feel sort of a warm breeze but everything else about the room seems
    cold for a while. After the room has been warmed for a few hours, the
    differences are less noticeable, because the air and the objects reach
    a more even temperature.

    So it depends a bit on where you will put the heater relative to where
    you will be in the room, what you prefer in terms of feeling warm in
    the early stages of the warmup, and how long the heater will be on.

    %mod%
    modervador, Oct 24, 2004
    #5
  6. "modervador" <> wrote in message
    >
    > I guess it may depend on what you mean by "a larger area." Do you mean
    > just the air, or all the other objects in the room?


    The radiant heater is a better choice if the work areas is say, 5 x 5 but
    the room is 50 x 50. You feel warmer as long as you are in sight of the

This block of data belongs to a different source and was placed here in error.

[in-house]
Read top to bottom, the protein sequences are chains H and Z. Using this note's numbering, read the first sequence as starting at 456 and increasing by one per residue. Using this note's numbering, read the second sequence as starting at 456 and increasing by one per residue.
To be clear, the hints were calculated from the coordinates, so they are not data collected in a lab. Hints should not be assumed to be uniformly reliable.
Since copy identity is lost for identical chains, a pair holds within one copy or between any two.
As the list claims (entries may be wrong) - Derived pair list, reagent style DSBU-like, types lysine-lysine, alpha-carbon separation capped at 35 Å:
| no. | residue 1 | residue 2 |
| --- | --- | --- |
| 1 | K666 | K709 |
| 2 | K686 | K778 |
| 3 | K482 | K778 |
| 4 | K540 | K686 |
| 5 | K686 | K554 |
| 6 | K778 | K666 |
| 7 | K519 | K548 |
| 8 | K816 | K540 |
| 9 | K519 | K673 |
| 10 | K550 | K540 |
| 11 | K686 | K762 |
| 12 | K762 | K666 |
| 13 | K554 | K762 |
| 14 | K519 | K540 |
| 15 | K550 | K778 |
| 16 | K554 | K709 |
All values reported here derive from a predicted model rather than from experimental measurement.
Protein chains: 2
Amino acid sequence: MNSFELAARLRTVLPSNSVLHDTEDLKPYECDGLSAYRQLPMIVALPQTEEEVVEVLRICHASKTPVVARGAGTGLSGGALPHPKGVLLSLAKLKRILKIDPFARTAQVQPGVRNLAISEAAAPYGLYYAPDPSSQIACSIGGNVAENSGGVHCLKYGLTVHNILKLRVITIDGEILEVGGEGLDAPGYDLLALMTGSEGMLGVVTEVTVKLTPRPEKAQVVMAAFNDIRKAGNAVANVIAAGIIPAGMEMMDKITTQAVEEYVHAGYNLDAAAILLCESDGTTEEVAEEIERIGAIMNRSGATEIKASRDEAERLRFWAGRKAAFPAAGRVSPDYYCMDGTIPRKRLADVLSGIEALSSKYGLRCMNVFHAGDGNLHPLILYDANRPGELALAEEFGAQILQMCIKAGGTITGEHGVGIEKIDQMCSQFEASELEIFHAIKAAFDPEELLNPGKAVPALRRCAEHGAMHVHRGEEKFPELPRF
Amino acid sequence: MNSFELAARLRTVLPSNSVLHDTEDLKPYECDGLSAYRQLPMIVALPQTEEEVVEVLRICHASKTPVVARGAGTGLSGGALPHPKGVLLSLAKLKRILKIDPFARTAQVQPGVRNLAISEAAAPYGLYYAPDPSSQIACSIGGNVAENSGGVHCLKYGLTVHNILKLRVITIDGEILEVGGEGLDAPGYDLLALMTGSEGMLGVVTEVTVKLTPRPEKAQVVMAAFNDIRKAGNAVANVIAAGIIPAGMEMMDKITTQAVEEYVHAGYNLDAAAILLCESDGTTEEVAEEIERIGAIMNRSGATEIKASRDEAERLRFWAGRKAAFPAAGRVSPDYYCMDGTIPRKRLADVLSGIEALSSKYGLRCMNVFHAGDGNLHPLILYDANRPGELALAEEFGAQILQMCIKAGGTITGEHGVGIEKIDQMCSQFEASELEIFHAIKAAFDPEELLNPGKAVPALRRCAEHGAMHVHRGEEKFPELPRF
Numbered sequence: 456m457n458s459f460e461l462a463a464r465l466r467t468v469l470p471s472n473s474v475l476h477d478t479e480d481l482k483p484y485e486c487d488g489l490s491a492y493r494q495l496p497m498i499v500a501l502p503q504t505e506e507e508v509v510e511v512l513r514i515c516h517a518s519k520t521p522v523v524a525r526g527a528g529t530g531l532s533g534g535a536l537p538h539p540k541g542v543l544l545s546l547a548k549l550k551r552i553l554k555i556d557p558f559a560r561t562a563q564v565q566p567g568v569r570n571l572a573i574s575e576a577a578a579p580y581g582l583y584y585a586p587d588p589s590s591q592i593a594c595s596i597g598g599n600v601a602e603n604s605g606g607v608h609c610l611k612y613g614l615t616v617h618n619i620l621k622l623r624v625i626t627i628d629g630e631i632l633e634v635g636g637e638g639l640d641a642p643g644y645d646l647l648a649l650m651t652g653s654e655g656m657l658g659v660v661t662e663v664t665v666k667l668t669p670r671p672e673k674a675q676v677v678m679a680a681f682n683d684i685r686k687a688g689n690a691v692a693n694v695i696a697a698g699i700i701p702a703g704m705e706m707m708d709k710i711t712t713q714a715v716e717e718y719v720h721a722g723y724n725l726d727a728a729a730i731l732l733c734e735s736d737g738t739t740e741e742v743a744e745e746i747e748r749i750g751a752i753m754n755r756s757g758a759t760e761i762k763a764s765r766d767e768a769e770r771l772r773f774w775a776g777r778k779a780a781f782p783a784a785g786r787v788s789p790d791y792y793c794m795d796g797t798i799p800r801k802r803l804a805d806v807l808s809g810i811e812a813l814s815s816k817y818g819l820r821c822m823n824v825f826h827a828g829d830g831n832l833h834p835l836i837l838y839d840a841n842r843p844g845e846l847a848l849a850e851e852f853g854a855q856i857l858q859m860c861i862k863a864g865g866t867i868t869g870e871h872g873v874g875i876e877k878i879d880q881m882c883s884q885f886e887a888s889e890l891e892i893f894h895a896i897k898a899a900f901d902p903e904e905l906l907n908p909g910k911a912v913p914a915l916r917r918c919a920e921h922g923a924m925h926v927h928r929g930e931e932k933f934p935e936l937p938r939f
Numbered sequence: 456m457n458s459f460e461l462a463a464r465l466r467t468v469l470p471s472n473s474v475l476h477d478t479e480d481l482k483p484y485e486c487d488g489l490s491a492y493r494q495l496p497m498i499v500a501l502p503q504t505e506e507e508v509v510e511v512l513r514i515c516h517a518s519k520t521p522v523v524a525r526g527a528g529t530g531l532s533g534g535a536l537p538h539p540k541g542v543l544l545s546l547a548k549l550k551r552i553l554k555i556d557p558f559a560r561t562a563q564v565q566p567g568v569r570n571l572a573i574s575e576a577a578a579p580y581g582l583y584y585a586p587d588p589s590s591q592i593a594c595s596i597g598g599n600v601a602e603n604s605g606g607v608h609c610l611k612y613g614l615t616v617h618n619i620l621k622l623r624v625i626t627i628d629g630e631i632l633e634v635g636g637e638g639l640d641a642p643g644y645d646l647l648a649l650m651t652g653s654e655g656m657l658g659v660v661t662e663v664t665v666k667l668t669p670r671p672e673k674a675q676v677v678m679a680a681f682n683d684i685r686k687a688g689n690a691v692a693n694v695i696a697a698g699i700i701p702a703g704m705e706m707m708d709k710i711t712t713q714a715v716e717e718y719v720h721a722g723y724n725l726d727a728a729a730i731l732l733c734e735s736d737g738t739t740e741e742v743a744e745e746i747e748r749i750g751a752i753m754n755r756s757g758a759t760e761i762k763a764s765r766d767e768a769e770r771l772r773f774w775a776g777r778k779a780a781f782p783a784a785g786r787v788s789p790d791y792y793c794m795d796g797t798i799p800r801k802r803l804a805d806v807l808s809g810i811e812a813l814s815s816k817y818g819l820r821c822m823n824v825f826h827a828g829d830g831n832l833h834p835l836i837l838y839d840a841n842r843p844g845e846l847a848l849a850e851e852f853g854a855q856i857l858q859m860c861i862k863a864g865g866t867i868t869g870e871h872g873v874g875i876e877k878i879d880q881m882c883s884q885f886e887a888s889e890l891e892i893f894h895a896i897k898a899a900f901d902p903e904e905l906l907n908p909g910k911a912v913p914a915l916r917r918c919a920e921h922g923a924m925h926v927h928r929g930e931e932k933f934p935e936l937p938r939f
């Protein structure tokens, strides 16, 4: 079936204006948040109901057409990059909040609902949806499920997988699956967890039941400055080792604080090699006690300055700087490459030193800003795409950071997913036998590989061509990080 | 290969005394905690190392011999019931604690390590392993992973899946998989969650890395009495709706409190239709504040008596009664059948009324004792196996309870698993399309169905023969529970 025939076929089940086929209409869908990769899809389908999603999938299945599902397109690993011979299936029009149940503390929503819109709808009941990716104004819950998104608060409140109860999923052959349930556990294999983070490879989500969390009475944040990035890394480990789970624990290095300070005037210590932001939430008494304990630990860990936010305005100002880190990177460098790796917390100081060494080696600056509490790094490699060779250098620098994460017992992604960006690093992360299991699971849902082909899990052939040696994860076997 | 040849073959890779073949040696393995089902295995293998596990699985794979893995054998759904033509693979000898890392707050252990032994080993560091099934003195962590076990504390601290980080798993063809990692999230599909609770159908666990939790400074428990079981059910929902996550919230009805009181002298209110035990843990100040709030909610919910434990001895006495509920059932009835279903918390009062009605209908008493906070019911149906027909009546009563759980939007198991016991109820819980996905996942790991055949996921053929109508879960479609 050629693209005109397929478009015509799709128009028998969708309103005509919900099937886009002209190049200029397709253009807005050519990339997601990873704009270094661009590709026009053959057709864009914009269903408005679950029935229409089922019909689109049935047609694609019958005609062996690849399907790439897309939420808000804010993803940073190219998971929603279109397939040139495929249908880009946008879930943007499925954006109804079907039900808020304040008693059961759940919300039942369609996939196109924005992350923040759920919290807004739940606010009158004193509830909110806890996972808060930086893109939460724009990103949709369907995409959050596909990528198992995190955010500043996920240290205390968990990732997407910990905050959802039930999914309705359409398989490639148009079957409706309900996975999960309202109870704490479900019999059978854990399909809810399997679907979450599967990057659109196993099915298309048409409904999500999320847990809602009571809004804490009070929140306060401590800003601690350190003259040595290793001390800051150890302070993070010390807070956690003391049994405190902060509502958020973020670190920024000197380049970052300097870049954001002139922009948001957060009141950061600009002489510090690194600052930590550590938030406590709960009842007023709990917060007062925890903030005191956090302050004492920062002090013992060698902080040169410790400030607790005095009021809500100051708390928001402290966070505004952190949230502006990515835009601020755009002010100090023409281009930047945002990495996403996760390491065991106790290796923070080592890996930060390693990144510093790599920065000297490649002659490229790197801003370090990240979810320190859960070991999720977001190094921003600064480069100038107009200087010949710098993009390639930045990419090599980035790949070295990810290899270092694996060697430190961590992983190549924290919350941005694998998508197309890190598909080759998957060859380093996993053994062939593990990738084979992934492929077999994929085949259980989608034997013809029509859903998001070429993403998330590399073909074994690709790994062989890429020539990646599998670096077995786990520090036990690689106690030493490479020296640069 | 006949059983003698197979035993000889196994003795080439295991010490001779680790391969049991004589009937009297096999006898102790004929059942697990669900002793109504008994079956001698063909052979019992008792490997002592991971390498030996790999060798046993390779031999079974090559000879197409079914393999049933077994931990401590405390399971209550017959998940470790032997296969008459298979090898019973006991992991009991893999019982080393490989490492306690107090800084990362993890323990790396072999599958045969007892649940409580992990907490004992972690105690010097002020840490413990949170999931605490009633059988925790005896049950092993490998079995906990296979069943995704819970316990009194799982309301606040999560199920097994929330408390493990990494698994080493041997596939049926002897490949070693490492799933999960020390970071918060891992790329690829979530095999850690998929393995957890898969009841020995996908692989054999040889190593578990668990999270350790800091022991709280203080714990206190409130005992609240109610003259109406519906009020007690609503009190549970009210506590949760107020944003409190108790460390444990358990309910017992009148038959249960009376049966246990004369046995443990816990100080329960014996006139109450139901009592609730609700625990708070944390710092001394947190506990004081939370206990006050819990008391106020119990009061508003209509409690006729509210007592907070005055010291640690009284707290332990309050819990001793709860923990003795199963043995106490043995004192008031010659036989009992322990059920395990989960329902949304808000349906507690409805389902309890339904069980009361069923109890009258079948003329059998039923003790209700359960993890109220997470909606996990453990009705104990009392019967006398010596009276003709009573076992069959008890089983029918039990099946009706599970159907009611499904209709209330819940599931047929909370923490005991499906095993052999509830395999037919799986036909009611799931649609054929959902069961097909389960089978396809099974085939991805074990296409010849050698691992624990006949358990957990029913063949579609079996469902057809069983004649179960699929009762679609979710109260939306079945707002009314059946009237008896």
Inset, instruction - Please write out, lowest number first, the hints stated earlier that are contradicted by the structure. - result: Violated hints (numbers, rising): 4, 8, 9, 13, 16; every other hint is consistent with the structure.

heater. A bunch of people spread out over the entire area, to reach a fast
    level of comfort, will need a few radient heaters or one larger one that
    heats the air first.


    >
    > With the ceramic brick heater, the closer objects in the line-of-sight
    > do indeed warm up faster than the air on the other side the room, but
    > you feel the heat radiating from these warm objects and the air near
    > them is also warmed by conduction, which could feel nice. A
    > circulating fan can get that heated air moving to other parts of the
    > room same as for the blue flame heater, by the way.
    >
    > With the flame heater, the air gets warm first which may feel nice,
    > but the air near to objects in the room will feel cold anyway because
    > the objects absorb heat from the air as well as absorbing heat that
    > you radiate, while not radiating heat back at you. So your perception
    > of warmth is decreased by the chill that seems to come from the
    > objects in the room.


    You did a better job of explaining it.
    Ed
    Edwin Pawlowski, Oct 24, 2004
    #6